Askew finished with 14 points and six assists, a few of them of the spectacular variety, and was named game co-MVP with teammate Obinna Anyanwu, a 6-foot-6 2021 forward from Pathways Academy (San Diego, Calif.). Anyanwu wasn’t as consistent during camp as Cisse, and they were purposely pitted against each other on opposite teams. With his power scoring moves around the basket and ability to finish in transition, Anyanwu didn’t disappoint, netting a team-high 21 points, including a 3-pointer, to go along with six rebounds.
Christofils finished with 11 points for the winning Navy team. Other standouts for the Navy club were 6-foot-7 forward Justin Ebor, a 2021 out of Wright (Calabasas, Calif.), and 5-foot-8 guard Devon Barnes, a 2021 out of Ft. Irwin (Los Angeles). Ebor scored eight points around the basket and Barnes hit two 3-pointers and played solid defense.
The MVP for the White squad was Malik Thomas, a 6-foot-4 power guard out of Alta Loma, Calif. He was relentless in his drives while relishing contact and did his best to keep the White club in the game. He hit four 3-pointers and finishing with 23 points. Thomas was purposely matched up with Askew and while both were impressive, Askew was a bit more efficient in his overall production. Nobody, however, was as efficient as Christofils and he made a strong argument to be the No. 2 overall player in camp.
Other White team standouts included Myles Phillips, a 5-foot-10 2021 guard from K12 International (Seattle, Wash.) and Thomas Notarainni, a 6-foot-2 2021 prospect out of Pathways Academy (San Diego, Calif.). Phillips impressed with his ball-handling in traffic and set up plays and finished with seven points, while Notarainni was solid on the glass and with his scoring opportunities, finishing with six points.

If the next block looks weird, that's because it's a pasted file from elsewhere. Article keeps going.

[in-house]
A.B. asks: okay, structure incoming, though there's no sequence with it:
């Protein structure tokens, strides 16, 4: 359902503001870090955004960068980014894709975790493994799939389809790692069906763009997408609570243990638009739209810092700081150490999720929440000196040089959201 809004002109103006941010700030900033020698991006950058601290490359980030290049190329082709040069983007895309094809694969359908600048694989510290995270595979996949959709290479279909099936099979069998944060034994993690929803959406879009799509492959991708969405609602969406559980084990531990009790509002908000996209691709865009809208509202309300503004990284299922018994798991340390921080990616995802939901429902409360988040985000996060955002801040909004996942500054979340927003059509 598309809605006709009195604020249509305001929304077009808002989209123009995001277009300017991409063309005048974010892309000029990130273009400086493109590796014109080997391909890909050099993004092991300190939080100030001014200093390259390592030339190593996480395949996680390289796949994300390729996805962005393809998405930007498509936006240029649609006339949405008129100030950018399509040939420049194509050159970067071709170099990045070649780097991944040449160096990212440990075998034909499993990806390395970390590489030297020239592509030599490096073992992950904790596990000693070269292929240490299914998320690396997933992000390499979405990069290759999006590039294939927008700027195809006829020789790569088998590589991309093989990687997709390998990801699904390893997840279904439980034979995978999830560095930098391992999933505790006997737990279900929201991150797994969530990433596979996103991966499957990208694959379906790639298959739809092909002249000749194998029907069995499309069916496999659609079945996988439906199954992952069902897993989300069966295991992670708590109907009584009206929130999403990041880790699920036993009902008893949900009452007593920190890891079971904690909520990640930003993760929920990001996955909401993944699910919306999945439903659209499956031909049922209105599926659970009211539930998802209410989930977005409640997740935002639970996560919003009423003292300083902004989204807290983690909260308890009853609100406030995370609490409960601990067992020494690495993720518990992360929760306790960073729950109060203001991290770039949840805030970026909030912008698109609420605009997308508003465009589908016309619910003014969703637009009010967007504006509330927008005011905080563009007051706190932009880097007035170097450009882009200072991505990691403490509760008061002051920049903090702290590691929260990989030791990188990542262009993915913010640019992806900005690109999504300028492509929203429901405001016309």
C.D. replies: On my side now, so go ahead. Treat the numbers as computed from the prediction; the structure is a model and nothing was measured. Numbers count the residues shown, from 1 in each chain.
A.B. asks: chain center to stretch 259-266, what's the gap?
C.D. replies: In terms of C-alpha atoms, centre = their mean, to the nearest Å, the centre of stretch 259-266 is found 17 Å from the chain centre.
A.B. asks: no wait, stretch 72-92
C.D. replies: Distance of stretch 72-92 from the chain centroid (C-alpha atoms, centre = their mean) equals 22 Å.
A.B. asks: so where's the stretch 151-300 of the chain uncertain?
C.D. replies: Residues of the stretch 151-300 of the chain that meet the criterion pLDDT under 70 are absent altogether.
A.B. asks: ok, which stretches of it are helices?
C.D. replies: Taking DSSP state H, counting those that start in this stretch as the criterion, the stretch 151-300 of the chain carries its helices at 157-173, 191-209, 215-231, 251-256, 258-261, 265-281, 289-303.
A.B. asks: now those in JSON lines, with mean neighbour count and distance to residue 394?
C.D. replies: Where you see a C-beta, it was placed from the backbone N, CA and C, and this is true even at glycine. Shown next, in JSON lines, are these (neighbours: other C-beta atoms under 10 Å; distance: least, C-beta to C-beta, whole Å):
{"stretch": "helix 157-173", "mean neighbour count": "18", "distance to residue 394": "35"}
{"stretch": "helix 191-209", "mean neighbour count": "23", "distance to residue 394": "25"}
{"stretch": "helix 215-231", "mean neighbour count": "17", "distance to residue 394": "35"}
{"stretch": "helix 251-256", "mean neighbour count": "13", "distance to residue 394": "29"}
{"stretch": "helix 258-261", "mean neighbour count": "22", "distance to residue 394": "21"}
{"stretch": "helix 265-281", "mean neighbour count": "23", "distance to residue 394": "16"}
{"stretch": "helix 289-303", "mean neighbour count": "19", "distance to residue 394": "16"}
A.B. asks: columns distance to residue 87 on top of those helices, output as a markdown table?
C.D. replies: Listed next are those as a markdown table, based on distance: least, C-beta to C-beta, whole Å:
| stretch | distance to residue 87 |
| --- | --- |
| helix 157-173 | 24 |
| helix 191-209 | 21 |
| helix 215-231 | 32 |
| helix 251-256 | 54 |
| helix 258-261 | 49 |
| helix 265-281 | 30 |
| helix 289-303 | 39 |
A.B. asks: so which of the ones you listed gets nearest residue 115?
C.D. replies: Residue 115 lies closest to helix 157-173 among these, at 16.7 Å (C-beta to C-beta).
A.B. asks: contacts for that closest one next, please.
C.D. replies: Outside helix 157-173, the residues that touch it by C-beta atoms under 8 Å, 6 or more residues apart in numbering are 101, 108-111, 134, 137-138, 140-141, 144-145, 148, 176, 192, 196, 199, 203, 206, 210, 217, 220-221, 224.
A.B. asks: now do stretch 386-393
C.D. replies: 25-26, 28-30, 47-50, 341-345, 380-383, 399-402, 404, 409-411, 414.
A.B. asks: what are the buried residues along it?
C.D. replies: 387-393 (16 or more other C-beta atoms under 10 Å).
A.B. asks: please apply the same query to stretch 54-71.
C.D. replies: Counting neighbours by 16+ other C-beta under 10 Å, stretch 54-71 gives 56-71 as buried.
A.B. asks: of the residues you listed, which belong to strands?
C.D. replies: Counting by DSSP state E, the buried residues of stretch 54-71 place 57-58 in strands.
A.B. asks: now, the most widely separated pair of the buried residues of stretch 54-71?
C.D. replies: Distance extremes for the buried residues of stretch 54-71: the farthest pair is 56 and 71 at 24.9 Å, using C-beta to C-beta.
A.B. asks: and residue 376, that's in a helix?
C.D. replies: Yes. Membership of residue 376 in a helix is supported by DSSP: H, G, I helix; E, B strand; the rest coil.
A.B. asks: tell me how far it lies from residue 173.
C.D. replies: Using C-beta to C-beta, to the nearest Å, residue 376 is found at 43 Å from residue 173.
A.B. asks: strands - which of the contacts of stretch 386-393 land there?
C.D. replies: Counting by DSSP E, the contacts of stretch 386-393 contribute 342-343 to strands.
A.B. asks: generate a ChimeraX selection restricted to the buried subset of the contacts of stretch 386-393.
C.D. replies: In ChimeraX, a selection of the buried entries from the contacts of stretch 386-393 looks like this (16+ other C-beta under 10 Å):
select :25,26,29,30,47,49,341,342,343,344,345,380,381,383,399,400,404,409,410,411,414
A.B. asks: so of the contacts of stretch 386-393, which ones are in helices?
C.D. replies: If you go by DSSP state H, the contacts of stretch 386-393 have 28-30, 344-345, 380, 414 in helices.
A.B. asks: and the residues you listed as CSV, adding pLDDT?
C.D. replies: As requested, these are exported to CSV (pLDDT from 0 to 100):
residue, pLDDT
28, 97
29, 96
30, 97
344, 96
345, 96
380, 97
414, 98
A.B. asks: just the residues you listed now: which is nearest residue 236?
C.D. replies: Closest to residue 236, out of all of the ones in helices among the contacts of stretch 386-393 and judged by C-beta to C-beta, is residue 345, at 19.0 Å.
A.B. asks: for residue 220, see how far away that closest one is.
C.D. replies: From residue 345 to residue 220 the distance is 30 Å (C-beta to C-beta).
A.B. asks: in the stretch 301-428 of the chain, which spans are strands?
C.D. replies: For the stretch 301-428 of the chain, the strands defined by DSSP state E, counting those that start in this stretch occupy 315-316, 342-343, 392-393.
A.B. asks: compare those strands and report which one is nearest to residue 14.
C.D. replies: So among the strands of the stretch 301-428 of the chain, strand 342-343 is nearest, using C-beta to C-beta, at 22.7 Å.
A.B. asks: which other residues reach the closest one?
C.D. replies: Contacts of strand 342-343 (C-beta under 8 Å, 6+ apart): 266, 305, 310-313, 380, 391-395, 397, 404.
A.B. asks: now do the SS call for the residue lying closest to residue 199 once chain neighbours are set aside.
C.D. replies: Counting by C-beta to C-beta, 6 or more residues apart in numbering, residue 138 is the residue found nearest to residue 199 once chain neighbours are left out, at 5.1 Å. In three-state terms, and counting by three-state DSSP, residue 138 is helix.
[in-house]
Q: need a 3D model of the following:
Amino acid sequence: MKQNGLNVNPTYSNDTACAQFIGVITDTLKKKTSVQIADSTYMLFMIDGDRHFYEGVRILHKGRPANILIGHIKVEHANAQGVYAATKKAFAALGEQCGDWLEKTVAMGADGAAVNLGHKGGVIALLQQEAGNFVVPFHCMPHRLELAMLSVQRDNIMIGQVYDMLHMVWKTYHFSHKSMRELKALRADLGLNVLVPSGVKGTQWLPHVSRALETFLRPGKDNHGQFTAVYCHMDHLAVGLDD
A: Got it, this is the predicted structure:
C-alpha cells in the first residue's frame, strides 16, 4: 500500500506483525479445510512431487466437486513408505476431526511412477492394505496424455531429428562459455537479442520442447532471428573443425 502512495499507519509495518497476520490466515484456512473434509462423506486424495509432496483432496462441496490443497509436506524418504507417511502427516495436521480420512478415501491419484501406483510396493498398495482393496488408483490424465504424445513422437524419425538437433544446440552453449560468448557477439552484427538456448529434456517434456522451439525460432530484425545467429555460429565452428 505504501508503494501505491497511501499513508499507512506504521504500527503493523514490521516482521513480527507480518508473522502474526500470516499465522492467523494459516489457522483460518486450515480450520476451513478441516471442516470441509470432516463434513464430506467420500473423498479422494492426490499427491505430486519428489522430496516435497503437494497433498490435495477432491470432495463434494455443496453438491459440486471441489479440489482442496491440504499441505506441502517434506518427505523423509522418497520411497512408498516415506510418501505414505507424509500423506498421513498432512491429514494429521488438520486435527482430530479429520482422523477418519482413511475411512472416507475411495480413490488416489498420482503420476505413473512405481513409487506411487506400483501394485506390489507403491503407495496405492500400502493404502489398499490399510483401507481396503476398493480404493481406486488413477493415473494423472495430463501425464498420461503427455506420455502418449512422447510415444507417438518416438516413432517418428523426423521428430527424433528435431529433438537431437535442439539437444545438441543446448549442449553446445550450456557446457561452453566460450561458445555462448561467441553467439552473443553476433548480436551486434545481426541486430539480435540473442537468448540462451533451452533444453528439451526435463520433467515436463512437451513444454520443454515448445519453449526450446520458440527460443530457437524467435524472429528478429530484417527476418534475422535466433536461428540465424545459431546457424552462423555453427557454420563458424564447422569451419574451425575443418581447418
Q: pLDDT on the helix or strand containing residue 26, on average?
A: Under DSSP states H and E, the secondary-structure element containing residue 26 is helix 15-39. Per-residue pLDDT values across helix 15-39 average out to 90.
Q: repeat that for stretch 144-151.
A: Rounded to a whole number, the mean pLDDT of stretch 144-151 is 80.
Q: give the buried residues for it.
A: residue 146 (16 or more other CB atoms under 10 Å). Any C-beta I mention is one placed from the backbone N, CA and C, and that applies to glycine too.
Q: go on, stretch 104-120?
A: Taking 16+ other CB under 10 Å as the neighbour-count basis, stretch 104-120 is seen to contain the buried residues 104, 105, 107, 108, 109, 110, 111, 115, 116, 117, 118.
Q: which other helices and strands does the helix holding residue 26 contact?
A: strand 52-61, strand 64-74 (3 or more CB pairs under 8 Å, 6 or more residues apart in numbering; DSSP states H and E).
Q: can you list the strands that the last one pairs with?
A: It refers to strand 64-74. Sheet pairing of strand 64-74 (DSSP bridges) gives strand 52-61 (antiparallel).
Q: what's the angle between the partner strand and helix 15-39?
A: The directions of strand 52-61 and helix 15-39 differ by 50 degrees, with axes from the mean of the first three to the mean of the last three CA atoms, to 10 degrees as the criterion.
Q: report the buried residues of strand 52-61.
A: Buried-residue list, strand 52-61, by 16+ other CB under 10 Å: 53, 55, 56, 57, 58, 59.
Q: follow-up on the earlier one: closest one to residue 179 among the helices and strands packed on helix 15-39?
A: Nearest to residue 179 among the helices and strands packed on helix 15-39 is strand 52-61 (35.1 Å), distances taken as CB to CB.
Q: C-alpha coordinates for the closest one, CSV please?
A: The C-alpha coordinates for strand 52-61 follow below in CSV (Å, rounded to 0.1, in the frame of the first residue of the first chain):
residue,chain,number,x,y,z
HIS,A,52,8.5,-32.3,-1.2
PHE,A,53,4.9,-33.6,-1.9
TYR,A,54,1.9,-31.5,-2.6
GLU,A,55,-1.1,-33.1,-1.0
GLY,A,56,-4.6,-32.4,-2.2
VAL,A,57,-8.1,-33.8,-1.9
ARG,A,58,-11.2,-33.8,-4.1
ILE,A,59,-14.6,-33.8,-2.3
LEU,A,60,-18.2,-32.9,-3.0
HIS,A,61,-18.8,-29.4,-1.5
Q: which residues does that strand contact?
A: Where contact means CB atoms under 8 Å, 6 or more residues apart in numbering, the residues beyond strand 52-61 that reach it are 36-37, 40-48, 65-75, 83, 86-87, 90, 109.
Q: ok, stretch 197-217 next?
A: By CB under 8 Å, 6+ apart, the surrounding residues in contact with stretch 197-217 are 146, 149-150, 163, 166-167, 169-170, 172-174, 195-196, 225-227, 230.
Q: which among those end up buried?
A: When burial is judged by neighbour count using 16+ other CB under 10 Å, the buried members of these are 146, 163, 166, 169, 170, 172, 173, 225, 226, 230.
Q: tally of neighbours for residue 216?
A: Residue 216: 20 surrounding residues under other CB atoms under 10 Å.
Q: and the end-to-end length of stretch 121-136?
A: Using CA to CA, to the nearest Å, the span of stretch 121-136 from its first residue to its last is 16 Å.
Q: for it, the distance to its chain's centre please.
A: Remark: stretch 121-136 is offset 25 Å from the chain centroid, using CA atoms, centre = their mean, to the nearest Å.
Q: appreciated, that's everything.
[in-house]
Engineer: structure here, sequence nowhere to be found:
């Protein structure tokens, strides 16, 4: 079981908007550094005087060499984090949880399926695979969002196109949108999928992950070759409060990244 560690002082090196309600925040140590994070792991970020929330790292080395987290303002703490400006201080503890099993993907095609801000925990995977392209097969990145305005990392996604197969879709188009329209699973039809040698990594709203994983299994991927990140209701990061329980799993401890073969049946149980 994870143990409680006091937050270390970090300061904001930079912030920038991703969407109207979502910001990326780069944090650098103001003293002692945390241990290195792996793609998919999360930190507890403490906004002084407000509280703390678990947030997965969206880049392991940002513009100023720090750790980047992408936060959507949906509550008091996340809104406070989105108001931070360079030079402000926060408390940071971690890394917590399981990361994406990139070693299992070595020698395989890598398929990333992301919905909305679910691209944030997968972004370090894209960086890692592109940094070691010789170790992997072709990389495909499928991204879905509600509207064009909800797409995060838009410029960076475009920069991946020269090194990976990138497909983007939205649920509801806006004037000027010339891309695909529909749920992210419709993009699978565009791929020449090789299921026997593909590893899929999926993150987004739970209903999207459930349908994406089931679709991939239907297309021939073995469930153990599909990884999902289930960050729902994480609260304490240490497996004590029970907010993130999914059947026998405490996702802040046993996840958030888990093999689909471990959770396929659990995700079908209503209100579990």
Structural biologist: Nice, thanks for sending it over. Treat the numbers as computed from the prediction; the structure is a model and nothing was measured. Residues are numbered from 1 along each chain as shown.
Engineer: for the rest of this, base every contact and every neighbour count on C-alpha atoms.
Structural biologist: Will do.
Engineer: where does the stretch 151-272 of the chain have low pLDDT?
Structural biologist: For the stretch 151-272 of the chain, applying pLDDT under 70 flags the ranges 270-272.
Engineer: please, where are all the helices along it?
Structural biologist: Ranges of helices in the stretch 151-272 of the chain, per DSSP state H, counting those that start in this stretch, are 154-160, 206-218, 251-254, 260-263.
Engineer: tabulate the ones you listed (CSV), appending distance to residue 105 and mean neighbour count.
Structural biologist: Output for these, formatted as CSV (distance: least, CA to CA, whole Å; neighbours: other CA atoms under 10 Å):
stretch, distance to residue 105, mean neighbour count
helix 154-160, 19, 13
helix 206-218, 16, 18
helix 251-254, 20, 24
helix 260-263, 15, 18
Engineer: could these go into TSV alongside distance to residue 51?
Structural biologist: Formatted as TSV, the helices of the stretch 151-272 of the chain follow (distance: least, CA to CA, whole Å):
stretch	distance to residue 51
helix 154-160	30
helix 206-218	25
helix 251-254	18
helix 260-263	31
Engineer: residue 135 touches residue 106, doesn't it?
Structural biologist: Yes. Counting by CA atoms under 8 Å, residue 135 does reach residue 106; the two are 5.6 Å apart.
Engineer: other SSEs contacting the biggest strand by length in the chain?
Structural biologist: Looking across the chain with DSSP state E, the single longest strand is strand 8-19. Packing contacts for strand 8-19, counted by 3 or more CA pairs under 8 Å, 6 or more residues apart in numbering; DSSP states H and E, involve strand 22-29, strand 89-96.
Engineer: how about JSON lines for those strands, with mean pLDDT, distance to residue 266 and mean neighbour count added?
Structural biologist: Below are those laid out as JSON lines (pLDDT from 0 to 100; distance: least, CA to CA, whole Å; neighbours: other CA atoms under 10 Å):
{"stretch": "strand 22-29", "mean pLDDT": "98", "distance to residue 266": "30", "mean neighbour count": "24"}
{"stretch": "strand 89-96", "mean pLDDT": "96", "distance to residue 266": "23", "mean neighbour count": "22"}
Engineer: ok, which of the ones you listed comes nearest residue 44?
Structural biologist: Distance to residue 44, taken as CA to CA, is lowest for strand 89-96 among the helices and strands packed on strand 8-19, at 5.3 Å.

The White Team picked up its defensive intensity drown the stretch and cut its deficit to 68-57 with five minutes to go, but when Askew and Christofilis returned for their final line shift, the Blue team closed the game and didn’t let its lead slip under double digits.
Three standout seventh-graders (2022) were chosen for the Best of the Best All-Star Game: 5-foot-9 Trejon Williams of DaVinci School of the Arts (Portland, Ore.), 5-foot-7 Ben Shtolzberg of Porter Ranch (Calif.) and 6-foot-3 Tyler Linhardt of Kings (Shoreline, Wash.). All three of them participated with the White Club and Shtolzberg likely had the most impact with his passing and heady play. He was credited with four assists.
Other standout seventh-graders (who were not chosen for the top All-Star Game) included: 5-foot-5 Samaje Morgan of Roosevelt (Eugene, Ore.), 5-foot-5 Niko Jones of Granite Ridge (Fresno, Calif.) and 5-foot-9 Dondrae Fair Jr. of St. Andre Nativity (Portland, Ore.). The best of the lot among the six-graders (2023) were D.J. Delacey, a 5-foot-11 forward from Franklin Academy (Pembroke Pines, Fla.) and Jalen Lewis, a 6-foot forward from Bentley (Oakland, Calif.).
Whereas Cisse enjoyed his newfound surroundings, Askew summed up the event from the perspective of a youth camp veteran and gave a good explanation of the ethos of today’s middle school elites.
“I wanted to get to know the competition out there while getting some recognition. I also wanted to get to know people, like the media who I will be dealing with in the future.”